The US and China are set for economic decoupling to continue regardless of who wins the US election
Depending on who you ask, Trump’s trade war with China has either reshaped the global conversation around US-Sino relations and forged a new bipartisan consensus, or been a complete failure. The reality combines both.
Republicans and Democrats are united in their desire to rein in China’s unfair trading practices such as forced technology transfers, mandatory joint ventures and massive subsidies to state manufacturers. Trump has drawn attention to these policies but is yet to change China’s behavior in a notable manner, choosing instead to settle for an agriculture purchase agreement to reduce the trade deficit.
In a second term, Trump would renew his focus on China except this time he would have no electoral considerations. Tariffs would renew apace and a more ambitious framework for a trade agreement would take place. We don’t know whether the China hawks Robert Lighthizer and Peter Navarro or the China doves Steve Mnuchin and Wilbur Ross will maintain their positions in a second Trump term. We can expect the hawks to gain traction on Capitol Hill and congressional scrutiny to drive the Trump administration toward a harder line with China.
The deal signed in January was a mini trade deal designed to resolve basic issues in the trade relationship. The far-reaching ideological opposition on both sides of the Pacific means that some trade issues are unsolvable, limiting the possibility of a far-reaching deal. Fundamental disagreements over tech policy and economic subsidies will continue to strain relations and block substantial progress on trade barriers. Similarly, Trump’s inconsistency and habit of withdrawing from international agreements will dissuade the Chinese from committing to a comprehensive preferential trade agreement.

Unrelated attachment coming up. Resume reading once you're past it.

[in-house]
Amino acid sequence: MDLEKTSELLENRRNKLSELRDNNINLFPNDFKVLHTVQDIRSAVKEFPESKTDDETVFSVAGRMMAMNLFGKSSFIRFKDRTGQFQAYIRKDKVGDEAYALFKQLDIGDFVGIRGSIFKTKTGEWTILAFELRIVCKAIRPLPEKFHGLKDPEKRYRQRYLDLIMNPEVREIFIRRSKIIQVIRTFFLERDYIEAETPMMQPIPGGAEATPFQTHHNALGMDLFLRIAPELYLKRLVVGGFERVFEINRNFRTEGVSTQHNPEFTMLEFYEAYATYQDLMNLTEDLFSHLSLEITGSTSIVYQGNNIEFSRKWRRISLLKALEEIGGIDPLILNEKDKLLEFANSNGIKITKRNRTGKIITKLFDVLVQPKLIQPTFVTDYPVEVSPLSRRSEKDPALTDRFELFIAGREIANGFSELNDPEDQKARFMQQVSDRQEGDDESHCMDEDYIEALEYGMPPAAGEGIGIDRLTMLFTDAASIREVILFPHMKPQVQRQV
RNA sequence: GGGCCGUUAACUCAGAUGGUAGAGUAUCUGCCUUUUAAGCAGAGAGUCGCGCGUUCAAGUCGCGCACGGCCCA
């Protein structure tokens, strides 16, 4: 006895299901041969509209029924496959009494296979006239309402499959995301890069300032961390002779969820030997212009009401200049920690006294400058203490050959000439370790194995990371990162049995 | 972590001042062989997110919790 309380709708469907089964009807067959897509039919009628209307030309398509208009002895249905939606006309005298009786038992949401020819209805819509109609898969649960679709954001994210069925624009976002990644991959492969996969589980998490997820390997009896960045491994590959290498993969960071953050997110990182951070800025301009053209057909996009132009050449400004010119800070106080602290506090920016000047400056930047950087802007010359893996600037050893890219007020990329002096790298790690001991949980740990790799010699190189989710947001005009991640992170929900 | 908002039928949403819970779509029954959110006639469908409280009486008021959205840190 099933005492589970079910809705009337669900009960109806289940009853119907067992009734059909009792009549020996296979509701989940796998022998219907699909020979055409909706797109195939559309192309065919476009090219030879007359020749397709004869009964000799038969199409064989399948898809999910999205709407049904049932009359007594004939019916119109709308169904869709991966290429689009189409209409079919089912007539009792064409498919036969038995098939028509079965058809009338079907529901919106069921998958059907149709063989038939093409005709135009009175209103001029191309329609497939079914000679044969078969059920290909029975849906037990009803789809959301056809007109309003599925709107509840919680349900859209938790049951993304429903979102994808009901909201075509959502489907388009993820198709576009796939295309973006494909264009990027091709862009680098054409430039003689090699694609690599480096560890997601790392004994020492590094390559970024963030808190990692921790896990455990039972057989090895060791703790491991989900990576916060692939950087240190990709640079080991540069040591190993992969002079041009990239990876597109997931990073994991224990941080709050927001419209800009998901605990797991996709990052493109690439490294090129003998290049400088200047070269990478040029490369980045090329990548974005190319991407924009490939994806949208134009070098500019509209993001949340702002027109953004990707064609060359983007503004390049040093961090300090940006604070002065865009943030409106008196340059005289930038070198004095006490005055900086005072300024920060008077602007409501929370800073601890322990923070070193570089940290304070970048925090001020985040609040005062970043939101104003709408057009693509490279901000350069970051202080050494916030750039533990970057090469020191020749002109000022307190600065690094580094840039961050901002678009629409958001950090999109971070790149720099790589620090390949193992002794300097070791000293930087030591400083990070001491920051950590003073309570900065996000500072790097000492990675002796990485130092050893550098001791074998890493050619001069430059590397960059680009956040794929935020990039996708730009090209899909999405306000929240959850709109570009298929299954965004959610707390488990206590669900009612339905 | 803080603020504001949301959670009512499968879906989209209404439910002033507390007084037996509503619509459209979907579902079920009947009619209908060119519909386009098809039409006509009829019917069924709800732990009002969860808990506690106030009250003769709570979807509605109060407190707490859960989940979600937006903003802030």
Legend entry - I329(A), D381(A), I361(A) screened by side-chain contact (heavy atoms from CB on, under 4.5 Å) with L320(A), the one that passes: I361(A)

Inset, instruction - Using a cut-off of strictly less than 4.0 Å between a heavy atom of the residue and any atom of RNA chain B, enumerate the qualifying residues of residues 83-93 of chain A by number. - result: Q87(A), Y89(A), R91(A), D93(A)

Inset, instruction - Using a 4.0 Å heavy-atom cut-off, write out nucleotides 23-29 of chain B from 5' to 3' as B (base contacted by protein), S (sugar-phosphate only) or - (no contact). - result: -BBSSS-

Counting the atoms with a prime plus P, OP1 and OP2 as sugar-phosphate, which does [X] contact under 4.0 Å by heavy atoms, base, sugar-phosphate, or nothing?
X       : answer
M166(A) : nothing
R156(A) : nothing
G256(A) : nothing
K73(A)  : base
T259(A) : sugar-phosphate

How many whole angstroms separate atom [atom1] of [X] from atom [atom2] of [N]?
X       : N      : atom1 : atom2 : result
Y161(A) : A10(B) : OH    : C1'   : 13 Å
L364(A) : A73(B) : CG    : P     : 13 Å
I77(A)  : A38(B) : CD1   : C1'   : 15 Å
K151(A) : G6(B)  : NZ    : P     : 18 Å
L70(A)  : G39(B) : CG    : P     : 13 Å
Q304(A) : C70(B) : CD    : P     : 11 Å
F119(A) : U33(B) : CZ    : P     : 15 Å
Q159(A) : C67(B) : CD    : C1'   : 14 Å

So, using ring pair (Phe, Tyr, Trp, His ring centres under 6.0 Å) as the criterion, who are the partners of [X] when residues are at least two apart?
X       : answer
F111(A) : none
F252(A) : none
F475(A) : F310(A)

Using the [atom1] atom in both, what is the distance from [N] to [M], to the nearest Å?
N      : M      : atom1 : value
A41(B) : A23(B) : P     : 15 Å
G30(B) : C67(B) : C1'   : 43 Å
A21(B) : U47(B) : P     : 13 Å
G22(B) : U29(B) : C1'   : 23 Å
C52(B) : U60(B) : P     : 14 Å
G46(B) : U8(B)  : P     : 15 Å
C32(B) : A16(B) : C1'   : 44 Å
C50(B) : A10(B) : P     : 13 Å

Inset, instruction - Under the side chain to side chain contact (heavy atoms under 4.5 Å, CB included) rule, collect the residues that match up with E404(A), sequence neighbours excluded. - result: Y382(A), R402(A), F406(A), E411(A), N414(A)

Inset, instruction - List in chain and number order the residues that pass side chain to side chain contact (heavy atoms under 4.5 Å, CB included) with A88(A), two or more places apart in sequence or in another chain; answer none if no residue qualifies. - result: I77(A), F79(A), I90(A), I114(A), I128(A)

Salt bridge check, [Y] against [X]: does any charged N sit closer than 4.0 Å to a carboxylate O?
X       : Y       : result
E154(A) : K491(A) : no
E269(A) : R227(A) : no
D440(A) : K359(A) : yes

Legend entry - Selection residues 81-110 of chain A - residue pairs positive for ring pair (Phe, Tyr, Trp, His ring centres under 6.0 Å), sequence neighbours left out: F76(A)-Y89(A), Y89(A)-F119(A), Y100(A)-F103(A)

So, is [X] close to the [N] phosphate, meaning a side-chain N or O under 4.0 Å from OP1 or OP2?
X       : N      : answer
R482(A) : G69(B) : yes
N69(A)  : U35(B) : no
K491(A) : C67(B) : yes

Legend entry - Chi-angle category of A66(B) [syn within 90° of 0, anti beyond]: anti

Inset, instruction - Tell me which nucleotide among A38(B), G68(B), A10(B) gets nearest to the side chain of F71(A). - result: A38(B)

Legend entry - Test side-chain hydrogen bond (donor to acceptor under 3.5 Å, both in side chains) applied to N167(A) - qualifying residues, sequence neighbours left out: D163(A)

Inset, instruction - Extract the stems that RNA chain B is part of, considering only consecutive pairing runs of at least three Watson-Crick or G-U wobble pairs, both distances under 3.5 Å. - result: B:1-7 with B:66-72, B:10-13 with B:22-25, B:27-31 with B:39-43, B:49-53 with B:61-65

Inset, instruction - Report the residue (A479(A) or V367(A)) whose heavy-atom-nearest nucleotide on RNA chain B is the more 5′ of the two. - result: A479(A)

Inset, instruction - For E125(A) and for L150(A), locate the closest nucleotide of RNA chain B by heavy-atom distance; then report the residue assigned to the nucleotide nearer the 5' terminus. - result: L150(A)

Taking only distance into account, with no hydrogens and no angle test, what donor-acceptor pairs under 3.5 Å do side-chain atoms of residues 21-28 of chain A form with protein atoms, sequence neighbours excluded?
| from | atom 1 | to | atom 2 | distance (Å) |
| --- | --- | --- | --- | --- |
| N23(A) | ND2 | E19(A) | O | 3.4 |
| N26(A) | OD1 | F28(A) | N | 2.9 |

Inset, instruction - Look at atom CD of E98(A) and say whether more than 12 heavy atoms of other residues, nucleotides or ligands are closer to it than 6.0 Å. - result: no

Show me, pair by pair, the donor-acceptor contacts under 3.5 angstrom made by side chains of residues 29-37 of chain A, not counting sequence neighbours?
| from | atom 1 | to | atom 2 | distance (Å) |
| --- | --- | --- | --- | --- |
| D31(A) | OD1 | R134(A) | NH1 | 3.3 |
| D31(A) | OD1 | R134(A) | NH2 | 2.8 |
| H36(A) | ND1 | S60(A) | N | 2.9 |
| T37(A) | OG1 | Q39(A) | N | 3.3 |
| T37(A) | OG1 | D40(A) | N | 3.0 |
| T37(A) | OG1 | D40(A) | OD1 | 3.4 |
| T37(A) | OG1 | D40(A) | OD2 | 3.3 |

One of the lasting legacies of the Trump administration will be the paradigm shift on America’s approach towards China. Although Biden would seek to unwind tariffs, the relief would not be immediate. His team understands the importance of maintaining a tough stance on China so any end to the trade war will be protracted.
Biden’s preference for multilateralism will see him attempt to re-enter the US into the Trans-Pacific Partnership (TPP), the purpose of which was to bind the pacific rim economies into a US-led trading network, forcing China to adopt US trade practices if it wanted to gain access to the free trade agreement. When TPP was first presented to Congress it encountered substantial opposition from the left, which complained that it had inadequate environmental and labour protections. Given the bipartisan support for confronting China, TPP stands a better chance of passing this time around.
Trade tensions with China are here to stay but Biden will still look to make narrow progress on areas of mutual concern. A bilateral deal on climate change encompassing emission standards, electric vehicles and solar panels could be possible but the hostility towards China from both parties and Biden’s expected hard line on Chinese human rights violations in Hong Kong and against the Uighurs will make any comprehensive agreement inconceivable.